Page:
Today is my last day in Pittsburgh, and I couldn’t have asked for a better trip. I arrived on Thursday night and spent Friday with my mom. We grabbed breakfast at the local bakery before heading to the expo at the Convention Center downtown. I was very impressed by the expo. In fact, I think it was better than the Disney expo. It was spacious, organized, and filled with great vendors (both large and boutique companies). I went a little overboard on tank tops. Lululemon was screen printing the Pittsburgh skyline on tanks. I also got a Nike tank with a funny Pittsburgh saying on it and this tank from Fittsburgh. My dad arrived later that evening. On Saturday, we visited with family in the morning, grabbed lunch, and headed downtown to check into the hotel. We were in the suburbs for most of the trip but stayed downtown the night before the race.
Pre-Race — We woke up around 5:20am on race morning, got dressed, and ate while walking to the corrals. I went with a banana and packet of Justin’s honey peanut butter (plus a few Shot Blocks) before the race. Mom and I were in the corral by 6:45am. I was so grateful for perfect weather, after rocky weather at my marathon in January. It was about 60 degrees with no wind or clouds. At a few minutes after 7:00am, we were off. Mom and I decided to split at the start to run different paces.
Miles 1-2 — The first stretch of the race was an out-and-back in the Strip District. This is a business district where food and other materials are brought in by rail and boat. We ran down Liberty and looped back around on Penn, where there was some awesome street art. I consciously held back on these miles and enjoyed the shade before reaching the first bridge.
Miles 3-6 — When we rounded the corner from Penn Avenue, the yellow 16th Street Bridge (first of five) rose in the distance. It was a spectacular view at dawn. The climb to the bridge was easier than expected, and it was nice that each of these uphills had an equal and immediate downhill stretch. After the bridge, we were briefly on the North Shore (where the stadiums are) to grab water before taking the 9th Street Bridge back into the city and immediately taking the 7th Street Bridge back across. By this point, we were almost halfway! Miles 5 and 6 were my fastest of the race.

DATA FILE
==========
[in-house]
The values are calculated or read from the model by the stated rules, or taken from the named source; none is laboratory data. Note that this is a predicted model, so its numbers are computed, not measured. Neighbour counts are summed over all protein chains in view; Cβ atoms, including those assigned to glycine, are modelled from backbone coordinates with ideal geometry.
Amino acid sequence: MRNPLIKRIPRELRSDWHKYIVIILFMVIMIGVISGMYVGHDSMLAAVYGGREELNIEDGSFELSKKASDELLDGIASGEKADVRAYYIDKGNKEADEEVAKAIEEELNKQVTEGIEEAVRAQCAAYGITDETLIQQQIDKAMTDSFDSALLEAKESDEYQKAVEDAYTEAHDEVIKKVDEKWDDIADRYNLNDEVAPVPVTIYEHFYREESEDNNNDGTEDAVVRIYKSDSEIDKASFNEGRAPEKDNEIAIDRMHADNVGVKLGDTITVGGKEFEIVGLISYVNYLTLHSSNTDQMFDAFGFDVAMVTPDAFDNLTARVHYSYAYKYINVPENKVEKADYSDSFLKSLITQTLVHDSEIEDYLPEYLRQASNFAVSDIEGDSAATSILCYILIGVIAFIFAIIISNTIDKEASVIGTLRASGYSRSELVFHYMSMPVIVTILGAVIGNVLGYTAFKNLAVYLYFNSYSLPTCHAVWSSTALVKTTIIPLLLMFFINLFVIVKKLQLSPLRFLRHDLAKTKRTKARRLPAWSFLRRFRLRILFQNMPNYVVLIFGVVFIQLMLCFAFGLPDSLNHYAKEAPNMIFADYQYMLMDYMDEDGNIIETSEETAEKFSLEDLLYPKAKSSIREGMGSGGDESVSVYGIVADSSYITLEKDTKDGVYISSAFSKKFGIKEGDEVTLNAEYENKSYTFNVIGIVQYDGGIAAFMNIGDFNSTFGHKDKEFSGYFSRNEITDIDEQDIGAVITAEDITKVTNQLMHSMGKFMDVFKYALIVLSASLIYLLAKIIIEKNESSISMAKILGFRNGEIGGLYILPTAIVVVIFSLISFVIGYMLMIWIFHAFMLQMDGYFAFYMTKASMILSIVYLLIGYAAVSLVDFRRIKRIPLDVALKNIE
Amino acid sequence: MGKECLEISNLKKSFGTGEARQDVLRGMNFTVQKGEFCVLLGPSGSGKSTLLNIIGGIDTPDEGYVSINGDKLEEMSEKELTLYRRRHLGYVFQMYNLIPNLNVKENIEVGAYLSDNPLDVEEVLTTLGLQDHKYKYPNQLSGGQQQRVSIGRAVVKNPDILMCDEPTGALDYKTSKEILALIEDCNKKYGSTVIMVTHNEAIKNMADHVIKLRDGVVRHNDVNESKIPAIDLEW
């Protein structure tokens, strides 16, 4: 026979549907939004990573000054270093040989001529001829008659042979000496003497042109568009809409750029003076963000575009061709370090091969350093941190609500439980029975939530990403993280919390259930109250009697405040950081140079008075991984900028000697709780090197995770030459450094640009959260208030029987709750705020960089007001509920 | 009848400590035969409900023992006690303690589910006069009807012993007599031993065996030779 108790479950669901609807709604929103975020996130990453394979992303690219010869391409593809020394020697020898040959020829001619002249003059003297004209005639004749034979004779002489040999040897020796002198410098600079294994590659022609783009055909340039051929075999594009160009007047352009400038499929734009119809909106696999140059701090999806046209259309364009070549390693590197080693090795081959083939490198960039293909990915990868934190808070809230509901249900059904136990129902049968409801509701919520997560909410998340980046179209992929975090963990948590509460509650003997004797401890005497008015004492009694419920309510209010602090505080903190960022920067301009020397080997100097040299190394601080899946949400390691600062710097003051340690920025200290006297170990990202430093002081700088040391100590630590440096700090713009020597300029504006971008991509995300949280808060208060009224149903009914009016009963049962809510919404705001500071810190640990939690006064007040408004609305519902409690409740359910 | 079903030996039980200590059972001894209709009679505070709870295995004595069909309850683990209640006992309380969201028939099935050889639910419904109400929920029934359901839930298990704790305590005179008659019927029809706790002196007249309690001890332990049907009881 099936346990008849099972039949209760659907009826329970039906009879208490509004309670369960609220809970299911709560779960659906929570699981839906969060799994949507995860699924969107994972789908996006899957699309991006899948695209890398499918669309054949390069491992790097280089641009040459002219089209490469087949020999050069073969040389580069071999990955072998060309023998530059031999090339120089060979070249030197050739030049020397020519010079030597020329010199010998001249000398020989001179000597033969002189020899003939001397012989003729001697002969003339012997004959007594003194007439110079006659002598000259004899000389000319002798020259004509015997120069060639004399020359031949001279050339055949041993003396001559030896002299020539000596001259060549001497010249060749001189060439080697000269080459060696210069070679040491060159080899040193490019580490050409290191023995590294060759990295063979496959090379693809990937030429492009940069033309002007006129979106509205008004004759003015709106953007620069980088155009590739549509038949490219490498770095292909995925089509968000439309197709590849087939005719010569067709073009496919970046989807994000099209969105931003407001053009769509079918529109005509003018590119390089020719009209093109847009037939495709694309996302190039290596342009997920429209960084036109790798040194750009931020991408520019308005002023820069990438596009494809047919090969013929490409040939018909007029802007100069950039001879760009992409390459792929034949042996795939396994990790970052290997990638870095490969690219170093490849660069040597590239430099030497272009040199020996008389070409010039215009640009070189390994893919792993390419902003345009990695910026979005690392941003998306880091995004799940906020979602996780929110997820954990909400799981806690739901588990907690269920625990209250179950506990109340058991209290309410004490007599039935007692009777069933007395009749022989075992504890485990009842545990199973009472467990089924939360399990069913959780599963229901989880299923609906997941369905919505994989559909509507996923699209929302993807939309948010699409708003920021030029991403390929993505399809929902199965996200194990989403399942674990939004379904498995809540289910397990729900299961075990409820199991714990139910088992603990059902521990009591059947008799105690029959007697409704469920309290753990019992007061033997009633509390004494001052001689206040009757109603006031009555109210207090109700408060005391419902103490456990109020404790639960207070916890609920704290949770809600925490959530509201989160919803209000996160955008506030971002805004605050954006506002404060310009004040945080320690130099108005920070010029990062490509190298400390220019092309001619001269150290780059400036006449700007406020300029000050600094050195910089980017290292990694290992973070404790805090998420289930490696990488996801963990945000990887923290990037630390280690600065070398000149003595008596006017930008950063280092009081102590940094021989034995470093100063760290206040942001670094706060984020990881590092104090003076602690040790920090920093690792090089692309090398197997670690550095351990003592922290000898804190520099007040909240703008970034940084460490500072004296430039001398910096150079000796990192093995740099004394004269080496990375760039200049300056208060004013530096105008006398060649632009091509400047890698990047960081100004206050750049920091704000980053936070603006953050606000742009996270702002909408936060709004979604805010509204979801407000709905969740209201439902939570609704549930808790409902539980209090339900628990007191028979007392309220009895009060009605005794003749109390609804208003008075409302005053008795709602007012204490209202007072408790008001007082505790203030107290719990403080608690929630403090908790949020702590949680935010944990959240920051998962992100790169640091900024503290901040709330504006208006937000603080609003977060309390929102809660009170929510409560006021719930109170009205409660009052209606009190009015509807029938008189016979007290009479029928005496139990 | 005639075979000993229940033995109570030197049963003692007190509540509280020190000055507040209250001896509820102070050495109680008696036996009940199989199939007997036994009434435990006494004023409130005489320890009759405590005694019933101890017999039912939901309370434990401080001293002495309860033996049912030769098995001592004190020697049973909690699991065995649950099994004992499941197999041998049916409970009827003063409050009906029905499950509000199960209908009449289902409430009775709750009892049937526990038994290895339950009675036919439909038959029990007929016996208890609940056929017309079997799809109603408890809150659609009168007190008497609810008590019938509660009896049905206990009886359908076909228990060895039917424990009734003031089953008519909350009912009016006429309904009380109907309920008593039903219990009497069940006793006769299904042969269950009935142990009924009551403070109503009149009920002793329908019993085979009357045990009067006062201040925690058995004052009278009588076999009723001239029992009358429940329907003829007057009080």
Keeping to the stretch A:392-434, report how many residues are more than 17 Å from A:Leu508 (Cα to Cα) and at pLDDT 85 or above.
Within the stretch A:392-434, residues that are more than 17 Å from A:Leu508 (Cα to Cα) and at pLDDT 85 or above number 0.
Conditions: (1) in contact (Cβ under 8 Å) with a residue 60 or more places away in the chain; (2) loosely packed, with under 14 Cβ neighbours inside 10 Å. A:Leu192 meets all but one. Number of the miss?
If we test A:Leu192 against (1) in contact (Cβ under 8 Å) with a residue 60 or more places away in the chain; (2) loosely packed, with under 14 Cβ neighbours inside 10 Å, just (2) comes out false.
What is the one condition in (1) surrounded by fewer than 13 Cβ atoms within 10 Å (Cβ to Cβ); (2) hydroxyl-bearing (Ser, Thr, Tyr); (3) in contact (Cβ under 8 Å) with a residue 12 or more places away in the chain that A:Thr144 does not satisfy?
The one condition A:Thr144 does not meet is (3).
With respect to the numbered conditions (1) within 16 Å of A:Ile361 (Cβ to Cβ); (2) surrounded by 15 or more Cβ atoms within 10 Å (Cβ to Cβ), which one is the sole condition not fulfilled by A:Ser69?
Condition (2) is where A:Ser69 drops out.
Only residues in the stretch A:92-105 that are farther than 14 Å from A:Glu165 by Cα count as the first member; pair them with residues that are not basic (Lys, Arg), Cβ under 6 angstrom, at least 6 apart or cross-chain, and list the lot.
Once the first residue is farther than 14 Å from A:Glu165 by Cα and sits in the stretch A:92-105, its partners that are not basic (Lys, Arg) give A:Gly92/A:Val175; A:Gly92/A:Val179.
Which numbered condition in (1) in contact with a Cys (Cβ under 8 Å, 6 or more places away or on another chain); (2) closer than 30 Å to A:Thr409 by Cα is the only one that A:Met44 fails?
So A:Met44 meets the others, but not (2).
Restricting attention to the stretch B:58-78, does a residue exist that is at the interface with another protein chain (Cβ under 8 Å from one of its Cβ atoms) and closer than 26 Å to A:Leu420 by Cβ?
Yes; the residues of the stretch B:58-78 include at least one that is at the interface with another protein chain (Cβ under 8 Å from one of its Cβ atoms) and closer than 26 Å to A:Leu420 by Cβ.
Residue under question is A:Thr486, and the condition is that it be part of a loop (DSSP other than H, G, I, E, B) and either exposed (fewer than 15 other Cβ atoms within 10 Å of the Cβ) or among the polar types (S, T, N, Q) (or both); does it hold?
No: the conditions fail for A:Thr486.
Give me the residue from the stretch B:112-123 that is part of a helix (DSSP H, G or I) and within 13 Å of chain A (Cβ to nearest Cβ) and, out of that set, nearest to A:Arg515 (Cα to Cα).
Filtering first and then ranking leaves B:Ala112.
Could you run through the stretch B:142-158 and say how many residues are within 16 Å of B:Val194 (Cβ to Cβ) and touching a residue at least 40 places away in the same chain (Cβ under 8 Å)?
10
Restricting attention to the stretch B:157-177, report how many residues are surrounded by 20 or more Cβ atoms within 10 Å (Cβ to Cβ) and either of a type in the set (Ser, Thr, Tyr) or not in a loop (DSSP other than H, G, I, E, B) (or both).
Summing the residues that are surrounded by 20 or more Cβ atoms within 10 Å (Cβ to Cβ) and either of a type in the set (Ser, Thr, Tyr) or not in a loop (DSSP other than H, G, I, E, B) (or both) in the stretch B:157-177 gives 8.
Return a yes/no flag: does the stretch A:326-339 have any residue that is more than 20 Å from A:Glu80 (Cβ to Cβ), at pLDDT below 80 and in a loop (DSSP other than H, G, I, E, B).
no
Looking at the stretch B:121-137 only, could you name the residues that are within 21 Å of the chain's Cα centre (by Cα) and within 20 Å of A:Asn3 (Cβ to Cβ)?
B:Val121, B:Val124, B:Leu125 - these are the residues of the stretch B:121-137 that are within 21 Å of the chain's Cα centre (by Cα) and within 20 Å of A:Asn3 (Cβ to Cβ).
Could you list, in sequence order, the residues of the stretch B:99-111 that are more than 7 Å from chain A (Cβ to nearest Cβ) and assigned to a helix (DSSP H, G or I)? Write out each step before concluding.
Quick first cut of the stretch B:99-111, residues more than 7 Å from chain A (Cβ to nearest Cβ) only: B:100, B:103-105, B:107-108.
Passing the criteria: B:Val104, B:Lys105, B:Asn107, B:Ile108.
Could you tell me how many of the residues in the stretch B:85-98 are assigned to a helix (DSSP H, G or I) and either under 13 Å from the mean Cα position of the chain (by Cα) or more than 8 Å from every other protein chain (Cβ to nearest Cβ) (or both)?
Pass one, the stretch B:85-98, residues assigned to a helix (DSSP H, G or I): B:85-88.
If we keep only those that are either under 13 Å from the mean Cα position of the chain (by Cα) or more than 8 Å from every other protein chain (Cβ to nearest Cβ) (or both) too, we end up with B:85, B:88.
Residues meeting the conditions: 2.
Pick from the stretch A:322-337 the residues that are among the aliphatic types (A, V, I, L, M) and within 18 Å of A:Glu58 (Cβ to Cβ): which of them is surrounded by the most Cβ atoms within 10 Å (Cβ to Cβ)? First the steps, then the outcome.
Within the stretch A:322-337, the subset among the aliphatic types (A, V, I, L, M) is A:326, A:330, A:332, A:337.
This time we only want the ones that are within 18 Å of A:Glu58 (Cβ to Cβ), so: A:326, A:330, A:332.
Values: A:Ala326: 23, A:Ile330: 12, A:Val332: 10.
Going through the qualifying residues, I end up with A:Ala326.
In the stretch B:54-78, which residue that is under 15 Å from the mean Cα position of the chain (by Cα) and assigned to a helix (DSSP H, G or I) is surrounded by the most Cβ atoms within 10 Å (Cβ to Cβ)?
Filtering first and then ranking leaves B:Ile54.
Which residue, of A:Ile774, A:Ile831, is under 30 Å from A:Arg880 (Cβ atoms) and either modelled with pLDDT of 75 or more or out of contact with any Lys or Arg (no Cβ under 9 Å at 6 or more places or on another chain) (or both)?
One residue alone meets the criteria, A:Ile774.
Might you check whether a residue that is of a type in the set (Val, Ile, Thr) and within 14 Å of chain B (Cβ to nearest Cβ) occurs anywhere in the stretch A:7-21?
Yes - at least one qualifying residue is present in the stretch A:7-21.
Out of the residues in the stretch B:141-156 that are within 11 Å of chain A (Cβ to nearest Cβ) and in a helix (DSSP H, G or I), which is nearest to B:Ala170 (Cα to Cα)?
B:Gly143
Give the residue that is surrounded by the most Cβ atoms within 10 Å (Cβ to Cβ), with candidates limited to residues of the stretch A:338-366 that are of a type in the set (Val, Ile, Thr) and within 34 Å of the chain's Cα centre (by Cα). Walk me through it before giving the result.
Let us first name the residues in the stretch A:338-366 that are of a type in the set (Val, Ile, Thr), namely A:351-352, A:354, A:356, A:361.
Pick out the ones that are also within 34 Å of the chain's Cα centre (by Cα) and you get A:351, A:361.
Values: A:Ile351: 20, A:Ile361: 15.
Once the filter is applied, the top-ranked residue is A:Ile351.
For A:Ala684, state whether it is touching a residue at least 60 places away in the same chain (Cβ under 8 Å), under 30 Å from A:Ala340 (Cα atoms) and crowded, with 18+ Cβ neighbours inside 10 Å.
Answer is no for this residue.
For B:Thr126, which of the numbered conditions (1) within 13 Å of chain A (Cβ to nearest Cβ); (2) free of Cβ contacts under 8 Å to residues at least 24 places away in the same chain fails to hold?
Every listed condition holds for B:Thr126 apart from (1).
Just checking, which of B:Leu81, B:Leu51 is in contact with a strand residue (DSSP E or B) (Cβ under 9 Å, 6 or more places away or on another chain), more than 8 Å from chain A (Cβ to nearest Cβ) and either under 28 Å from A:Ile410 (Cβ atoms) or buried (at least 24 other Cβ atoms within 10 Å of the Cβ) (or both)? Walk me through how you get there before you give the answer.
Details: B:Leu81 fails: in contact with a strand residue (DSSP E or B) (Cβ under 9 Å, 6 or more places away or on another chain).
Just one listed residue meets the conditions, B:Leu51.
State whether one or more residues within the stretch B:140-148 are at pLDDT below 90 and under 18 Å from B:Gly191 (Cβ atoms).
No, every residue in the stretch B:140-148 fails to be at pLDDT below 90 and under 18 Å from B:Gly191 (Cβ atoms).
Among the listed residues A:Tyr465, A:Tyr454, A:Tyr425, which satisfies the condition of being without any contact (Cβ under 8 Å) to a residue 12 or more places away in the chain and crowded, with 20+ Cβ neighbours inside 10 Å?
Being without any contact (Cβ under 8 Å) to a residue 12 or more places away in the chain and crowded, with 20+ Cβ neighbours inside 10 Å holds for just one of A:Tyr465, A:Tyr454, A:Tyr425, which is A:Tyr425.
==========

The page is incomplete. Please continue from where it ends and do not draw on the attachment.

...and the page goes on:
Miles 7-10 — Both of my least favorite miles were part of this stretch. We took the West End Bridge into a series of rolling hills before hitting a long flat at Mile 7. I was hitting every water station at this point, which were all well-managed, because the sun was getting warmer by the mile. Miles 8-9 weren’t bad, with gorgeous views of the river and the city on our left. I had been looking forward to Mile 10 in South Side, an area of bars and retail, but it was a rough mile for me. I’ve decided that I don’t mentally run endless flats well during races. Crowd support was great, but I found myself looking for more hills to break things up. Mile 11 gave me those hills.
Mile 11 — I knew from studying the course map that I would have to save energy for Mile 11. We started the mile by running the Birmingham Bridge, the last and longest of the bunch. At the end of the bridge, the full marathoners split to the right. I was relieved to only be running a half marathon. Once we got over the bridge, we ran up two long, gradual hills near Duquesne University. I wondered how these hills would compare to Harlem Hill in Central Park or the giant hill I ran in San Francisco. I think they were both comparable to Harlem. The hills slowed me down, but I didn’t stop running.
Miles 12-13.1 — Just after hitting Mile 12, we reaching the top of the second big hill. I knew it was almost all downhill for the last mile and really opened up my stride to pick up my pace. I felt tired but strong and knew I could PR at this point. With about .4 mile to go, the finish line came into view. At that point, your body stops feeling and just goes. I was sprinting as fast as I could and saw my dad just before crossing the finish line. I finished at 2:10 with a three-minute PR. Mom came in at an impressive 2:14. I was elated as I got my medal and made my way to the post-race festival.
Post-Race — While I didn’t take advantage of many of the booths at the festival, I loved that we finished at Point State Park. There was so much room to find relatives, sit in the grass, and enjoy the sunshine. We took pictures before walking to the fountain at the point to enjoy the mist. Eventually, we headed back to the hotel to shower and pack up before heading to lunch.
All images via Pittsburgh Half Marathon
I’m not sure if I could pick a favorite race, but Pittsburgh was definitely up there. The events were organized. The course was gorgeous. The crowds were welcoming. It’s also special to race in your hometown. However, I would still recommend Pittsburgh as a destination race to anyone (either half or full). While I’m incredibly proud of my PR, I think my biggest takeaway from the race was to work on my mental game. I need to get better at focusing on my current mile, rather than thinking about the distance ahead. I also need to trust that I can hold a fast pace for the total distance. I’ll be working on these things heading into training for Toronto in June!